"The Tree saw the spread of death and disease, and made its choice. It split itself into two, flinging one half away into the wilderness. As I told you before, he Whispers are drawn to all things divided, and there was no greater division--no more unnatural tragedy--than the Tree of Wholeness splitting itself apart to save the people. The Whispers flocked to it like iron to a magnet and have remained there ever since, imprisoned by their own lust for division. But the damage done to Azinae during their roaming remained. The Kinds warred. People died. And the Healing brought death to those they were meant to save."
Something like flame and ice and terrible, terrible pain burned in my chest.
"Is there no way to restore Azinae?" I asked in anguish.
Astrid hesitated. "The Tree spoke once of a way, but..."
At that moment, a voice spoke in my mind, as clearly as if someone stood next to me.
I must speak with you. When you pass the great rock to your right, slip to the side into the brush. I will be there to meet you.
My mind answered back with a garble of panic, astonishment, and confusion.
Quiet yourself! The voice admonished. Straighten your thoughts. Are you listening now? You have a choice. You can either abandon your friends or you can ignore my message. There is danger to them--and to you--either way.
What do you choose? Should Connie obey the mysterious voice and abandon his friends, or stay with his friends and ignore the message?
Also: Which animal should Dirk be: a slow loris, a mongoose, or a snapping turtle?
Episode 6 - The plan
I glanced around me--at the Raccoon clan sliding through the night as silhouettes, at my companions, who breathed softly as they exerted themselves in the long, wearying trek.
My companions were my only link to my own world. Abandon them--to listen to the message of a mysterious entity who could speak inside my head?
What if it was a trap? What if this was some deception of the Whispers?
And what if there was necessity to it? The voice had said that there was danger to my friends and to myself no matter what I chose. So, perhaps, refusing the voice's request would only ensure some disaster which I might have averted, had I listened.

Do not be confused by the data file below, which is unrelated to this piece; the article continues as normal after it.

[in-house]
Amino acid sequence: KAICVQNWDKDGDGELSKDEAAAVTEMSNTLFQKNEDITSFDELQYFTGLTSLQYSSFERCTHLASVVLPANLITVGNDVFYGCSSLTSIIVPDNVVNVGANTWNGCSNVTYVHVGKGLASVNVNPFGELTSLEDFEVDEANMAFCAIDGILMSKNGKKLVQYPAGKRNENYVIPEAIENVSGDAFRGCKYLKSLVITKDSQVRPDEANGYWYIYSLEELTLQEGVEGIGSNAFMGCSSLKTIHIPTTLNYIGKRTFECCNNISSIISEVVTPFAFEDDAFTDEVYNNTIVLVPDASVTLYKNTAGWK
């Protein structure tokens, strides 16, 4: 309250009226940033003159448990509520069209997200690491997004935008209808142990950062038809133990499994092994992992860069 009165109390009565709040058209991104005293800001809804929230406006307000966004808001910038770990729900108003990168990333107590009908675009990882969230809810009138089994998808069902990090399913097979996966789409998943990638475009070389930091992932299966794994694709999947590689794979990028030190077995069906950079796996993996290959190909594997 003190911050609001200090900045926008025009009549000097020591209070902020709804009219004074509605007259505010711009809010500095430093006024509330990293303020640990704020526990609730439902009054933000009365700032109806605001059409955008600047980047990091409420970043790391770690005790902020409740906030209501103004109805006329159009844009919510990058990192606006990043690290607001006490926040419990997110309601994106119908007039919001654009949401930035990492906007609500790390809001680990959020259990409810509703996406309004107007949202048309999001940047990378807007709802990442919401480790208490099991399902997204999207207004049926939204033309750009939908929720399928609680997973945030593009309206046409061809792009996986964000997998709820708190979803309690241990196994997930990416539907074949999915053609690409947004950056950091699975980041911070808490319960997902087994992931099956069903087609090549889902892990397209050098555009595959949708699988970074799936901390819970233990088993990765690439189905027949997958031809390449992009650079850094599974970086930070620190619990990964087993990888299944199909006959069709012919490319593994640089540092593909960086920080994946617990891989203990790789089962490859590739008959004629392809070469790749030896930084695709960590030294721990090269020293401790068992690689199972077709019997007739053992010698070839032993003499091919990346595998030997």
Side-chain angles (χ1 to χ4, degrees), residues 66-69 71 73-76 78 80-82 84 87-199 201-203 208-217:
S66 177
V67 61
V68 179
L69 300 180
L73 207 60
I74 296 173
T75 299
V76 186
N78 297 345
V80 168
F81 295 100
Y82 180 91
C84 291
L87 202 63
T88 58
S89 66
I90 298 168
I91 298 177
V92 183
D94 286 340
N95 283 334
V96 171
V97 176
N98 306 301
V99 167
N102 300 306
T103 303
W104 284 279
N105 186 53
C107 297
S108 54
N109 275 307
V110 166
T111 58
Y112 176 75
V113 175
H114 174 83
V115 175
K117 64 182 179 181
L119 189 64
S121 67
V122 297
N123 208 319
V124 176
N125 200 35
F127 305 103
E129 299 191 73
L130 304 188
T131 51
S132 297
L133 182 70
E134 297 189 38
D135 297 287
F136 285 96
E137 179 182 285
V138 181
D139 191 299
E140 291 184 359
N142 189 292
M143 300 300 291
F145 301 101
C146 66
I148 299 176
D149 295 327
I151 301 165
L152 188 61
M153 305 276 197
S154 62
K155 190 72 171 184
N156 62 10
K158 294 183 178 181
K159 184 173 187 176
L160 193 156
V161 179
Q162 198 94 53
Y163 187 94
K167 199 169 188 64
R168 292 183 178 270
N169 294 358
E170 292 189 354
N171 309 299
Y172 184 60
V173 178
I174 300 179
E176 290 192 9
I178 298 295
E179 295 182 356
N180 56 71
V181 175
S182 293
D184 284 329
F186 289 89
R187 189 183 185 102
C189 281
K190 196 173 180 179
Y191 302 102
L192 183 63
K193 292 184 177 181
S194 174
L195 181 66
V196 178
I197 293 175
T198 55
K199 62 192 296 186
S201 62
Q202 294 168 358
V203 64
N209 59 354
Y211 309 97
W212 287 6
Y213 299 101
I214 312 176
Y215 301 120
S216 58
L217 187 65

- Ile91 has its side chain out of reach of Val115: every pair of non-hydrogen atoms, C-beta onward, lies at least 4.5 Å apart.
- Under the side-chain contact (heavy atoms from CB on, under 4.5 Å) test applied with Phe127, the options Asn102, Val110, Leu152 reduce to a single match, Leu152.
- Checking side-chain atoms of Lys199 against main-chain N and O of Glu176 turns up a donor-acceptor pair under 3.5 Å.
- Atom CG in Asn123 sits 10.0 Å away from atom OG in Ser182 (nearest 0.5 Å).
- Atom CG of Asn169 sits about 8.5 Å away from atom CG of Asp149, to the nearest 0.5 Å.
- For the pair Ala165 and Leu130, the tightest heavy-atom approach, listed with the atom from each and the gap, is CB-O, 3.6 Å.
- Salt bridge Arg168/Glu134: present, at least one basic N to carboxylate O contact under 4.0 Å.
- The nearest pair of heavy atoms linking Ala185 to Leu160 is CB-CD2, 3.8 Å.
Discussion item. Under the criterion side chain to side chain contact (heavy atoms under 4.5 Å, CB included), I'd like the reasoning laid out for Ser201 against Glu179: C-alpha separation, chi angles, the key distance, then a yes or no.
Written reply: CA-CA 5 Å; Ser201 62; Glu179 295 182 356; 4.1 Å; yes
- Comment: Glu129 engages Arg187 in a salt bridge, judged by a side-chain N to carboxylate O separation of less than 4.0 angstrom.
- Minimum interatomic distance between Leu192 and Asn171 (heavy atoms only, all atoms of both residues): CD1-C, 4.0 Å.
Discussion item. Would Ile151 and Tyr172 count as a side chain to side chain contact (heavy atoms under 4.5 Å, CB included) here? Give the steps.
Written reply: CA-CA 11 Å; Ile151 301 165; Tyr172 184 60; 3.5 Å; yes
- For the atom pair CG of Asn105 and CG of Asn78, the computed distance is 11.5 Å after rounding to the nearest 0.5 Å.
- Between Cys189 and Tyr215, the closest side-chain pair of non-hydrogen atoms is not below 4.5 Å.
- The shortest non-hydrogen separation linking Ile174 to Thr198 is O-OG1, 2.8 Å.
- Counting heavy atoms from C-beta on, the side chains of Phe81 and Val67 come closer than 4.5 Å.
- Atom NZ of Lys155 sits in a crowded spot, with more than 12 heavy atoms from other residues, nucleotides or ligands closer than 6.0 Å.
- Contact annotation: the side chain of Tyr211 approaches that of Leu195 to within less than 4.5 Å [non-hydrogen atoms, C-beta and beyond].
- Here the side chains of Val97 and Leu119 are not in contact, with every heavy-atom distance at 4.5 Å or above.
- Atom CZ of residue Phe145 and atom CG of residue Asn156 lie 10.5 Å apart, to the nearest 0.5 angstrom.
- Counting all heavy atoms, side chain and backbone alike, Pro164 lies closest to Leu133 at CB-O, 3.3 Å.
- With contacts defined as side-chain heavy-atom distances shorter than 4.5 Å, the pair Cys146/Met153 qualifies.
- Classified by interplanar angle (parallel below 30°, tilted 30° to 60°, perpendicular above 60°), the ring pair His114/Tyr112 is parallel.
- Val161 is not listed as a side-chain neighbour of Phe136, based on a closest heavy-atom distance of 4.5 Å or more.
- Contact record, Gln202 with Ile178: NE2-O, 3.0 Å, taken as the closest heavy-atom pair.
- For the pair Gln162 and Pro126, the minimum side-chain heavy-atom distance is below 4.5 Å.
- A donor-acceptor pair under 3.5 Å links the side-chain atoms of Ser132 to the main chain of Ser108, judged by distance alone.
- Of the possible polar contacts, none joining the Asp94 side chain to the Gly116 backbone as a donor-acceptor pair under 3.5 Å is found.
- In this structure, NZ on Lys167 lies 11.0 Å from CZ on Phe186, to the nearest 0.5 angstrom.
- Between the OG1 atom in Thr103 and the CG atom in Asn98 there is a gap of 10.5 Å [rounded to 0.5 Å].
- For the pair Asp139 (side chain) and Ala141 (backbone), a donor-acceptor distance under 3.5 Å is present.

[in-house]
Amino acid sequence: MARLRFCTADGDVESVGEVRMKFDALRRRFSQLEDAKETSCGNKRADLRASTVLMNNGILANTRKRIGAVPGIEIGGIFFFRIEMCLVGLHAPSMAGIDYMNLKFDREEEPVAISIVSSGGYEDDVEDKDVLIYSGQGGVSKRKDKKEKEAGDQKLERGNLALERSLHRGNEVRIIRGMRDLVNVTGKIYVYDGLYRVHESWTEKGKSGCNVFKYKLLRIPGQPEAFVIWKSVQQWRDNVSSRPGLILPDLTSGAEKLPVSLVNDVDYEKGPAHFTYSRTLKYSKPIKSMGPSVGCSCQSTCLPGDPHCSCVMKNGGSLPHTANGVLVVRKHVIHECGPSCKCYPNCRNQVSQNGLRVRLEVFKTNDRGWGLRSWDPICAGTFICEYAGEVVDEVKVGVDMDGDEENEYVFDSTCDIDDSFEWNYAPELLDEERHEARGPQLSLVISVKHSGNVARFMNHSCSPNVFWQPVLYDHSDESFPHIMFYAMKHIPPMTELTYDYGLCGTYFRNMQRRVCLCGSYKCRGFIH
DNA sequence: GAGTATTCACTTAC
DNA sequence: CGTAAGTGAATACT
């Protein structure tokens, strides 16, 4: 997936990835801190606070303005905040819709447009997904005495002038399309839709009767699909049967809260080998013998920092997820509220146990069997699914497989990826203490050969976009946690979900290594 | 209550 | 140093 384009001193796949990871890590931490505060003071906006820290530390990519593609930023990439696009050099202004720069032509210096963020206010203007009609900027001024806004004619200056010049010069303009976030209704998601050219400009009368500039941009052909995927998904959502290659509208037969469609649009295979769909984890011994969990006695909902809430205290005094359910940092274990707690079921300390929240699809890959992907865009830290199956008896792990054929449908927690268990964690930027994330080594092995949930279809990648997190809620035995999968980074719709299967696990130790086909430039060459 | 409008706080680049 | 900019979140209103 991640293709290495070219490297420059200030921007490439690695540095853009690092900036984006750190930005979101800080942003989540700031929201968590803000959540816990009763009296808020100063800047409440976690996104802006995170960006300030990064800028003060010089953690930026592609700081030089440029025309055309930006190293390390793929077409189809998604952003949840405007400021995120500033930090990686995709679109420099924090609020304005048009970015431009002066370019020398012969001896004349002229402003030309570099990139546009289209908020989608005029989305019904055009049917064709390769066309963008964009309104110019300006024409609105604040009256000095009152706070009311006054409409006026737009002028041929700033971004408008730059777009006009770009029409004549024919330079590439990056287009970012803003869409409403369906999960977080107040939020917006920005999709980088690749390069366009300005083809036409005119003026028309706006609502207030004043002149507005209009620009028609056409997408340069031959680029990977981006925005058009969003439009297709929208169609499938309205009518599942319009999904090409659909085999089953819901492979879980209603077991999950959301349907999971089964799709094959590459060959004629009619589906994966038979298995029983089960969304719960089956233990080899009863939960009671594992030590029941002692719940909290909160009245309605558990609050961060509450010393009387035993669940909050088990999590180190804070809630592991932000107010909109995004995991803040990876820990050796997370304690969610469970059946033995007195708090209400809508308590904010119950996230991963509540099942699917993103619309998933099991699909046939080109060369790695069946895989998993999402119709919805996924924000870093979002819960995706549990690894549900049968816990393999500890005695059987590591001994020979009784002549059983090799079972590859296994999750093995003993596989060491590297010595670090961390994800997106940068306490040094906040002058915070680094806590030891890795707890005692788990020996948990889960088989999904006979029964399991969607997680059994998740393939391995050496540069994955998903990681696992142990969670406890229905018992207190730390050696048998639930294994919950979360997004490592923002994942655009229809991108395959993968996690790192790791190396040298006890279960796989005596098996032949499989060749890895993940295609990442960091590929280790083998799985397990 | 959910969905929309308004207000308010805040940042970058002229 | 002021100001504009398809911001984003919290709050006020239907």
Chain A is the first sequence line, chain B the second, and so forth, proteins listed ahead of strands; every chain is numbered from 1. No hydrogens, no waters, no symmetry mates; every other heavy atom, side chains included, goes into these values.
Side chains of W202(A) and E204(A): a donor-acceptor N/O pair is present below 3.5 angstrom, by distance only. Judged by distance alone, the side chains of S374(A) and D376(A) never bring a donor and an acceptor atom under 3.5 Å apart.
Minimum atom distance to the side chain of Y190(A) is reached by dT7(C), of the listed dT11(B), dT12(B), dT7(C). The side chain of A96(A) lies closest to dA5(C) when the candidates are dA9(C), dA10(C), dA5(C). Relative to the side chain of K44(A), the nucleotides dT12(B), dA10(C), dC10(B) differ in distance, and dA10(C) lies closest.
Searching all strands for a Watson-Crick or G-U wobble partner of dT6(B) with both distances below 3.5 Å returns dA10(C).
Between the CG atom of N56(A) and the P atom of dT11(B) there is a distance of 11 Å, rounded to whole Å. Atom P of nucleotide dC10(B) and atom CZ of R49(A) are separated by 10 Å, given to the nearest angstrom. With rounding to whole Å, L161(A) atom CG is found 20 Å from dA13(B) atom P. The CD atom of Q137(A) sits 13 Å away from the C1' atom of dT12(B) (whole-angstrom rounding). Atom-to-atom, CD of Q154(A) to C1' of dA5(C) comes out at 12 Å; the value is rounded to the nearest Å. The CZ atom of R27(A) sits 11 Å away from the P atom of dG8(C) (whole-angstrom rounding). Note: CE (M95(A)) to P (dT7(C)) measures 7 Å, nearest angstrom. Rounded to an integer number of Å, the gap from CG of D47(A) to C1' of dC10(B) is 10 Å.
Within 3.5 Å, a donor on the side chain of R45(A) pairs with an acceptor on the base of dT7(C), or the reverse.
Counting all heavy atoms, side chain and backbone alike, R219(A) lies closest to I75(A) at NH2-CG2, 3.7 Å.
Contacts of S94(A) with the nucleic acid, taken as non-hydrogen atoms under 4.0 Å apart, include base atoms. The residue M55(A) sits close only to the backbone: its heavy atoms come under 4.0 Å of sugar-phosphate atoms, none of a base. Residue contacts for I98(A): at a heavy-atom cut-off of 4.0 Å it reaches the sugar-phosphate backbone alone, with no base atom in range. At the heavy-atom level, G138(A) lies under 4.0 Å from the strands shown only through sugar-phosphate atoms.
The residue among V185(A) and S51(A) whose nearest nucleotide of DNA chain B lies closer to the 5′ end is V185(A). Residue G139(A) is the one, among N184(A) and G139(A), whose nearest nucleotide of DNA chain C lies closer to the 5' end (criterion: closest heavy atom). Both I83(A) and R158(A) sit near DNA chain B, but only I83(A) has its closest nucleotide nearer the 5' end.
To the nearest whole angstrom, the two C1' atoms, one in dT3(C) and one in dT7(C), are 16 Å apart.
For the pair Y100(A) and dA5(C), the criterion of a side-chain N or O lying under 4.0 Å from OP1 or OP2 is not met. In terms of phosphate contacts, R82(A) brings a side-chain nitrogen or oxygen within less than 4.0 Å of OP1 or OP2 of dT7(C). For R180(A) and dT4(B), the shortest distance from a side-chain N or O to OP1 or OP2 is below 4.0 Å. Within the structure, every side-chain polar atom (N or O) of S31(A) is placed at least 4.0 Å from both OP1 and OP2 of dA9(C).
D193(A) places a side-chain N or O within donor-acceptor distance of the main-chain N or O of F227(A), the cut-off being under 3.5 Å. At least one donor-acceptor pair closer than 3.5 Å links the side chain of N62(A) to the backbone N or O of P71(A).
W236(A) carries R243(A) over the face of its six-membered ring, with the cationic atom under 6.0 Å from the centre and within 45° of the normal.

My thoughts formed a message and I reached out, tentatively, through thought alone.
I will listen to your message. But if harm comes to my companions, so help me, I will skewer you.
The voice laughed softly in reply.
Brave words, but rather useless, coming from a transitioning Transient. Still, your loyalty does you credit. It paused, then added, You are nearly to the rock. I will meet you soon.
Was it normal for voices to speak in your head in Azinae?
I recalled the many times when Merlin's opinion had been sought and considered. Perhaps my companions had learned how to communicate with one another in silent ways, as this stranger communicated with me now.
If I learned how to do the same, could I communicate with my friends even if I were separated from them?
My analytical mind delved into other regions. If telepathy was possible in Azinae, was it possible in our world? After all, all science looked like magic until one understood it better. Perhaps the Azinaeans were more technologically advanced, which made sense, considering the fact that people of many worlds now lived in Azinae. Surely Earth offered only one of many advanced civilizations. Azinae would be the perfect melting-pot of advancement.
What was the range of the telepathy? A few yards? A few miles? Unlimited?
Merlin turned and glanced directly at me and my spine prickled.
I did not have to guess. He knew.